To overcome these limitations, engineers at Fairchild Imaging have developed a low-light-level digital camera with a Camera Link interface that combines the best features of CCD imagers and CMOS technology. The camera, shown at Photonics West (San Jose, CA, USA; January 2007), uses two CMOS readout ICs (ROICs) that are bump-bonded to a split-frame transfer CCD. Each ROIC is an array of capacitive transimpedance amplifiers (CTIAs) that connect to the CCD columns via indium bumps (see Fig. 1). Unlike conventional CCD devices, the CCD used in the Fairchild camera does not have any on-chip amplifiers. In operation, charge from each column of the CCD is transferred across the indium bump bonds and onto the CMOS ROIC, where it is converted to a voltage and amplified by the CTIA.
FIGURE 1. In the development of a Camera Link camera for low-light-level applications, Fairchild Imaging has bump-bonded two serial CMOS readout devices onto a split-frame transfer CCD.
By eliminating the serial shift register and output amplifiers associated with conventional CCD designs, the hybrid CCD is read out with virtually no noise by shifting charge directly onto the ROIC. As the charge is transferred from the CCD at the end of each column, no serial shift register is required. For a megapixel sensor, such a parallel column readout architecture results in reducing the bandwidth by three orders of magnitude, reducing noise, and lowering power requirements.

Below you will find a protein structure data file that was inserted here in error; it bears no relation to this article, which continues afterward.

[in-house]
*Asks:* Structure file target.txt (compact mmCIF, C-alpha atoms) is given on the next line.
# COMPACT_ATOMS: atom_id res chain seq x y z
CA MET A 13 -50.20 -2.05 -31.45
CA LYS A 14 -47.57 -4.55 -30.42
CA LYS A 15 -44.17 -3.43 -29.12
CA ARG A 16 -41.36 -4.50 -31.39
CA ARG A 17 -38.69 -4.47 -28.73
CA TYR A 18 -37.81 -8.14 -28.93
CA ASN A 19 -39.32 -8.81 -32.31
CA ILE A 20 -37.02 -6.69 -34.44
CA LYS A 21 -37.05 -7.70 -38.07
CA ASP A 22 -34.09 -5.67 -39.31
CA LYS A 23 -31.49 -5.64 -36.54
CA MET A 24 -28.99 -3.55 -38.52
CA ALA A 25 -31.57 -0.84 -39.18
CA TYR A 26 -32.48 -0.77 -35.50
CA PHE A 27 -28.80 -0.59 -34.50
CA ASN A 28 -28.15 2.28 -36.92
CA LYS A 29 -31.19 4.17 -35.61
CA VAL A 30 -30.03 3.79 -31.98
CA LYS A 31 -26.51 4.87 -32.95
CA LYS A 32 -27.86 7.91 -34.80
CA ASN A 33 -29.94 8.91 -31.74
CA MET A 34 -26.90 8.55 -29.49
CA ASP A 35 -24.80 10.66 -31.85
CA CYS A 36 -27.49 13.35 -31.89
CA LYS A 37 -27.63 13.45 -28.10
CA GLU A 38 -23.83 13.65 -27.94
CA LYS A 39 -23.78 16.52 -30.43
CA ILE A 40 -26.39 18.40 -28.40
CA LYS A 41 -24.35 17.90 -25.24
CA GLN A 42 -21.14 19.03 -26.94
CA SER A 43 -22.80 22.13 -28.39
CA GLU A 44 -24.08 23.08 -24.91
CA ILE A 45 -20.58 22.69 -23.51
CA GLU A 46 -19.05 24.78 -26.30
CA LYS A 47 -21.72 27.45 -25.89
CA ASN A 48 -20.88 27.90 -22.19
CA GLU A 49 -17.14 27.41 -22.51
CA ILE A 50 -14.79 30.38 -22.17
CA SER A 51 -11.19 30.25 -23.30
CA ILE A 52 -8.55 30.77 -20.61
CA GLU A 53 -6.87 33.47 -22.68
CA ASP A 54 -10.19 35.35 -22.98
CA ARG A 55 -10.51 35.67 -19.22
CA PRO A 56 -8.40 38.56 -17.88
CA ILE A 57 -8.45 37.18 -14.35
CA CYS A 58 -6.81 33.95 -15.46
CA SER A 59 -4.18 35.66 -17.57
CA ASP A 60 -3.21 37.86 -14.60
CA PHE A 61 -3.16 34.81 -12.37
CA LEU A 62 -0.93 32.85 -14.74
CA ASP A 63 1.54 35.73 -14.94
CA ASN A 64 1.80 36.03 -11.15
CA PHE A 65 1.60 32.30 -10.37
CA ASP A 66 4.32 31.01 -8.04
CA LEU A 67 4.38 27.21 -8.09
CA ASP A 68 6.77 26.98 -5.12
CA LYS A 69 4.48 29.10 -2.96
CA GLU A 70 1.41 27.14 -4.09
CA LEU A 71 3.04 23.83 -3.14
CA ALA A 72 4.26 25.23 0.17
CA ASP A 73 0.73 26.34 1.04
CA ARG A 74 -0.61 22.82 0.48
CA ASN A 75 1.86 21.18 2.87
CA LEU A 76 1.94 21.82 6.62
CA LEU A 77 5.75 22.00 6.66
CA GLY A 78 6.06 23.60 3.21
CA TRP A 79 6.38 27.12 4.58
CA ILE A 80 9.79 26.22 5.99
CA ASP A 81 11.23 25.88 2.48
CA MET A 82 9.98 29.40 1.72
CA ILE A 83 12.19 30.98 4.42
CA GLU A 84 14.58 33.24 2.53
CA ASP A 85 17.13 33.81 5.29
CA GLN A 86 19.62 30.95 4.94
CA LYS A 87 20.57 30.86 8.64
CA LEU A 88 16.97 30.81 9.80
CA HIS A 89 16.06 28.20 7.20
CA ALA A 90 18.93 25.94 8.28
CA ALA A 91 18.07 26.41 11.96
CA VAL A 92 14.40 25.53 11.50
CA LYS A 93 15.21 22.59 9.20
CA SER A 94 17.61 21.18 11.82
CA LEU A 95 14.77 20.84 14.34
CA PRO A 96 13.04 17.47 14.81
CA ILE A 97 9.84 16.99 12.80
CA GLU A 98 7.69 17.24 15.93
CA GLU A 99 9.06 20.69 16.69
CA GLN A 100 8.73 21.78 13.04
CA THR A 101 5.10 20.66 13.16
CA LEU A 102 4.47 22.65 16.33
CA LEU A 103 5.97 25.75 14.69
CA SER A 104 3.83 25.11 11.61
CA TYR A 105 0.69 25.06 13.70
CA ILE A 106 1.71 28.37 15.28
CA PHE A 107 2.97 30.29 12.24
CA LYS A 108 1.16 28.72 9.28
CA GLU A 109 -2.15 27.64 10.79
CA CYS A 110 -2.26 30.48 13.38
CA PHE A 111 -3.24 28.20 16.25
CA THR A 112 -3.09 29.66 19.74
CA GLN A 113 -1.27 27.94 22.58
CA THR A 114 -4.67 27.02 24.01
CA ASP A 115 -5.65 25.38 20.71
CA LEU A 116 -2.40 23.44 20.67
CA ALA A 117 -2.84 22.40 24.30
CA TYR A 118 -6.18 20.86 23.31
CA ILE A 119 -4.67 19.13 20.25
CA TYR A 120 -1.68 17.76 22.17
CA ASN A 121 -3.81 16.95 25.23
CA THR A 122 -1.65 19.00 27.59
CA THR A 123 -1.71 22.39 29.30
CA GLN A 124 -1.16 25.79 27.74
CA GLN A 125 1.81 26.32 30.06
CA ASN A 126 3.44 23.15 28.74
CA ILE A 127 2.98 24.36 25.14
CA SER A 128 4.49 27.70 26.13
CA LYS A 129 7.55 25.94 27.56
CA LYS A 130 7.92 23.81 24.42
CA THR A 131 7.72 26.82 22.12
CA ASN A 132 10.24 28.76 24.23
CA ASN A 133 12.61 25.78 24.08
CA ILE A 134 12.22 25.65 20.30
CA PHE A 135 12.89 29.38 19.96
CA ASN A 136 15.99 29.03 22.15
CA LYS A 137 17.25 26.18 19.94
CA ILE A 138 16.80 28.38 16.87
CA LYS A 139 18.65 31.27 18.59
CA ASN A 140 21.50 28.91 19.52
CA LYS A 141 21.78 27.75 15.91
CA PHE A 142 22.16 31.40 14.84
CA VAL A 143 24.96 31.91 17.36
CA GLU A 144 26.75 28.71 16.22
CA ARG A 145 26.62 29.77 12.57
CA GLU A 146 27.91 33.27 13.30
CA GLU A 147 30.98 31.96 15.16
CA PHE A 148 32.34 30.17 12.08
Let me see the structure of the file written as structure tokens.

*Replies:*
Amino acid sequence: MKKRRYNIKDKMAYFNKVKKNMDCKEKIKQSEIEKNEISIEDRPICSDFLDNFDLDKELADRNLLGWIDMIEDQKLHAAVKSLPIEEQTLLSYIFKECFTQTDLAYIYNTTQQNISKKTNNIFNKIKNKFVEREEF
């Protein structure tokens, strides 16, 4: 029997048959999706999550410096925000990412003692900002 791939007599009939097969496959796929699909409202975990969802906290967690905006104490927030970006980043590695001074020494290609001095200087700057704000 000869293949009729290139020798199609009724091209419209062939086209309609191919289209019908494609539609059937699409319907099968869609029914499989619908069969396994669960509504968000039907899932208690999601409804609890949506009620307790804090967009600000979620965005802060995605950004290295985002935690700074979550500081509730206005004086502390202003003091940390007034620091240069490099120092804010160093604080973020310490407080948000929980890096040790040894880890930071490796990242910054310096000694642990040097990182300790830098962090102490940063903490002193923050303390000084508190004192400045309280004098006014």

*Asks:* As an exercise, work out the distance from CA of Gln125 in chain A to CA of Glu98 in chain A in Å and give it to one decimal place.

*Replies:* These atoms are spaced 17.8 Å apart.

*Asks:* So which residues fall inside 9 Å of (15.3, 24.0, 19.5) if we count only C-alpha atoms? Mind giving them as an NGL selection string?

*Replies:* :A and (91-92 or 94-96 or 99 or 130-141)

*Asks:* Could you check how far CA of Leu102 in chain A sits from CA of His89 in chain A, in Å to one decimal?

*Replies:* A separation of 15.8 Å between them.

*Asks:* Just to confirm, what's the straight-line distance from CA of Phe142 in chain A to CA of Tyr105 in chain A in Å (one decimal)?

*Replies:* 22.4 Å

Using CMOS technology to fabricate the ROIC circuits also allows the device to incorporate additional circuitry to perform correlated double sampling, an on-chip ADC, timing generation, digital control, and signal processing. This results in a compact camera-on-a-chip design. Operating the two analog output ports of the ROIC at 40 Mpixels/s results in a maximum frame rate of 200 frames/s.